Employing diverse marketing professionals can help to reduce the risk of making a major marketing mistake that can result in irreparable damage for a business or brand abroad.

Help attract and retain top talent - A Glassdoor survey found that 66% of job seekers said diversity was important when they evaluate companies and job opportunities. Your organisation's commitment to fostering a diverse and inclusive work environment will help you stand out in a global job market. Diversity will increase your potential employee pool by making it an integral part of your recruiting process.

Employing diverse talent makes your company more attractive to globally-minded, ambitious candidates. It also helps you retain them. Diversity, which includes diversity in gender, religion, or ethnicity, has been proven to increase employee retention as well as reduce turnover costs.

Employees are more likely to stay loyal in a diverse workplace if they feel valued and respected for their unique contributions. This encourages respect between colleagues who value the diversity of culture, perspectives, and experiences of their fellow team members. A collaborative environment that encourages cross-cultural cooperation can be a great way to build bonds between colleagues and team members.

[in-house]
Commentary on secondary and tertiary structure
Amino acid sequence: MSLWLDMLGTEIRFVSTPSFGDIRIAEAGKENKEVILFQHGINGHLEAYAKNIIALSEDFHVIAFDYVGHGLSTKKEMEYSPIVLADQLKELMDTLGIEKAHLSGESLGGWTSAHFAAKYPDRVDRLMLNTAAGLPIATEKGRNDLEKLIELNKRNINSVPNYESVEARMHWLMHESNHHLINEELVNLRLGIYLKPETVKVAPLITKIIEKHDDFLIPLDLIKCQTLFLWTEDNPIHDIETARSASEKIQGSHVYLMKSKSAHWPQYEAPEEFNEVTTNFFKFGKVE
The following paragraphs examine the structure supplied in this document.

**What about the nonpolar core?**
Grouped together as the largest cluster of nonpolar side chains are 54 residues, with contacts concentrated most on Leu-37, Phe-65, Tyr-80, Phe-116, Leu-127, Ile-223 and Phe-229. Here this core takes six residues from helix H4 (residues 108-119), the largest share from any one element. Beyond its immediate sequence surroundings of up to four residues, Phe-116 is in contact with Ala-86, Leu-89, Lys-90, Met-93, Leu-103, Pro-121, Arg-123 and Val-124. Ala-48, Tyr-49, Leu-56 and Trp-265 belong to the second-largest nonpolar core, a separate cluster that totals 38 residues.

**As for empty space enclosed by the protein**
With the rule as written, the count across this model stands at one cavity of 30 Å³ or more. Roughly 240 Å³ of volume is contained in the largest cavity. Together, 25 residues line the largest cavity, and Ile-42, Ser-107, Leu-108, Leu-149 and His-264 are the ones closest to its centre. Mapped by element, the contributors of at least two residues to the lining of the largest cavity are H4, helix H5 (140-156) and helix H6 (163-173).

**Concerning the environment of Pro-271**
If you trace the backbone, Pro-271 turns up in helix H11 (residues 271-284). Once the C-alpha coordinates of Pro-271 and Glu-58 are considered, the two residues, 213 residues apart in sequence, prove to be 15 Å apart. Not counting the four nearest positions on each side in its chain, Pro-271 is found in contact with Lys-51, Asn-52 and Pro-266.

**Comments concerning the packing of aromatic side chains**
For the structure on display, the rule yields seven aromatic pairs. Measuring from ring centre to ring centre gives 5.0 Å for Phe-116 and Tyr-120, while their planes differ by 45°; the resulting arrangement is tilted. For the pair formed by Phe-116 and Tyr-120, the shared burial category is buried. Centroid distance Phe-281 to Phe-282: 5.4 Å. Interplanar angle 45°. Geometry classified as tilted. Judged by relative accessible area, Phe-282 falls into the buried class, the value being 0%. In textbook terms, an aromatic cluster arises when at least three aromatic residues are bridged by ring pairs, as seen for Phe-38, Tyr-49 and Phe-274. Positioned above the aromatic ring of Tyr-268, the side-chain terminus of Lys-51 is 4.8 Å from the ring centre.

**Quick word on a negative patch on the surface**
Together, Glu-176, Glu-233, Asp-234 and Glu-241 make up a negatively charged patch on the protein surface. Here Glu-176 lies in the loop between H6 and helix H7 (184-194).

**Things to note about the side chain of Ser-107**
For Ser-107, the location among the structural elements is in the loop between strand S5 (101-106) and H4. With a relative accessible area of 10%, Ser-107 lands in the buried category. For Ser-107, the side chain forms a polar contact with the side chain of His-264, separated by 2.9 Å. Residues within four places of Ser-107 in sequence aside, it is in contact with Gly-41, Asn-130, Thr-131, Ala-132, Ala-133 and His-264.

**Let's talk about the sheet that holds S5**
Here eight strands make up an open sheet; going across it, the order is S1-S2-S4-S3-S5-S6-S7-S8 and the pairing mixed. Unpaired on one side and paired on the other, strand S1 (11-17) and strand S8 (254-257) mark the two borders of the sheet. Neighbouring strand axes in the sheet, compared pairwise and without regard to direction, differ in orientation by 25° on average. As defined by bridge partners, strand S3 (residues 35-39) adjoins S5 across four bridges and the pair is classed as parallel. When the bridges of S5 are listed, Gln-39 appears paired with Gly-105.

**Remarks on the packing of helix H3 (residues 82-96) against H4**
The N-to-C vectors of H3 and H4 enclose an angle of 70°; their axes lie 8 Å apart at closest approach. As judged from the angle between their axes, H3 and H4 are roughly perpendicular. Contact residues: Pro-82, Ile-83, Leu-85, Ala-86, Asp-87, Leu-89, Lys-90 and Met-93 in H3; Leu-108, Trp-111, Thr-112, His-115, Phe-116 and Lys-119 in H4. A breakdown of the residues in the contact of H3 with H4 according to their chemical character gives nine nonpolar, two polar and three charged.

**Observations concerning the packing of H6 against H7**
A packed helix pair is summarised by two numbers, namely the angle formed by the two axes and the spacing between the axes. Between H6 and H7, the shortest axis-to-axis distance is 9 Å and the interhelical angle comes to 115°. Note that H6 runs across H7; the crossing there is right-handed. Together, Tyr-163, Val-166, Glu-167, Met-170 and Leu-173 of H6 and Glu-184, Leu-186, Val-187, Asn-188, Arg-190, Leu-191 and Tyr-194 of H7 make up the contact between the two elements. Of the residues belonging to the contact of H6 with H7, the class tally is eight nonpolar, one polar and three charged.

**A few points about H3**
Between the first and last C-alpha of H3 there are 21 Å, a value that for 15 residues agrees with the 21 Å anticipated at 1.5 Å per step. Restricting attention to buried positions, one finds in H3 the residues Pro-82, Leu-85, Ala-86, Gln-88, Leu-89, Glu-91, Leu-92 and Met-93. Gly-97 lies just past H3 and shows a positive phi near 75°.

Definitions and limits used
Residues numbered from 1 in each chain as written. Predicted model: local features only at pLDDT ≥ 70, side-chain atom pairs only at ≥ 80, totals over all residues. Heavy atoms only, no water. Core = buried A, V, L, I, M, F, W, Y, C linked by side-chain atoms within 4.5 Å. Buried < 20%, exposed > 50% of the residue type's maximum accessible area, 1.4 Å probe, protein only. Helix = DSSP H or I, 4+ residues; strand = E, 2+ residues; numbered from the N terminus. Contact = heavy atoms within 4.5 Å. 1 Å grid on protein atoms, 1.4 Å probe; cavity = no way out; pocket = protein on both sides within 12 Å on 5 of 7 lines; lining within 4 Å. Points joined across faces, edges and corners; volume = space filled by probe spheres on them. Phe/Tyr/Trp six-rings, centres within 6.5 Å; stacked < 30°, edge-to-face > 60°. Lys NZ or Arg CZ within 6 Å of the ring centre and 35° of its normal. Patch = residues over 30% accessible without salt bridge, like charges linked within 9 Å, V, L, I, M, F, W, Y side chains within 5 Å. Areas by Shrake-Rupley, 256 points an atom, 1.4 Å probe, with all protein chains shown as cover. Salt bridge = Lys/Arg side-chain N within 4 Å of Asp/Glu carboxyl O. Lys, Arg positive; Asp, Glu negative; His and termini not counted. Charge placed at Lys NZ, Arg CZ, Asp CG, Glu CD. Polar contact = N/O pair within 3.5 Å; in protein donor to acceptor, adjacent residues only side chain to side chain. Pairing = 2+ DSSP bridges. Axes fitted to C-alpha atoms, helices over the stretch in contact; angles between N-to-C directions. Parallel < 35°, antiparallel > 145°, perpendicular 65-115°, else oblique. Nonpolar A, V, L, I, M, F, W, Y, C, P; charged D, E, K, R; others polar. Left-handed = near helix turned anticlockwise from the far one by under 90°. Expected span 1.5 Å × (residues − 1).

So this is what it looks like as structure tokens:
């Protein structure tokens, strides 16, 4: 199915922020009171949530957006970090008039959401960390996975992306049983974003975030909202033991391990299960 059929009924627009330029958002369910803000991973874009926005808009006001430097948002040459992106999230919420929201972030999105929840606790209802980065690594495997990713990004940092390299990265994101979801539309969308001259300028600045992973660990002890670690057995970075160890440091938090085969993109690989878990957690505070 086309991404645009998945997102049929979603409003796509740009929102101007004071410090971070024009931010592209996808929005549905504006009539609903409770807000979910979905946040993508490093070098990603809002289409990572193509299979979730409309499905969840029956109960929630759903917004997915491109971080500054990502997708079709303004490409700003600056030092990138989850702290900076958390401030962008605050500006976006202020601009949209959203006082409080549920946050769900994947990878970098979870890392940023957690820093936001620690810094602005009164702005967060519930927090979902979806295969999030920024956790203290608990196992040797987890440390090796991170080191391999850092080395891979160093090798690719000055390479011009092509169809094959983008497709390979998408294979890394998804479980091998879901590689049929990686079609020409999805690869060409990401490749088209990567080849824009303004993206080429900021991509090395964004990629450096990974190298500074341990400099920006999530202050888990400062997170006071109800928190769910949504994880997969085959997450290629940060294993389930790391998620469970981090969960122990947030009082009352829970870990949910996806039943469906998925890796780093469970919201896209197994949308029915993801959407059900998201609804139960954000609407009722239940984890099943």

Diverse teams are more productive - A diverse workforce can increase problem-solving ability and productivity by bringing together a variety of expertise, experience, and methods. Studies have shown that organisations with a culture based on diversity and inclusion are happier and more productive.

Although it may seem easier to work in uniform groups, this can lead to a company settling for the status quo. The opposite is true. Diversity can foster healthy competition and help a team achieve its potential. An environment of healthy competition can help optimise company processes for greater efficiency.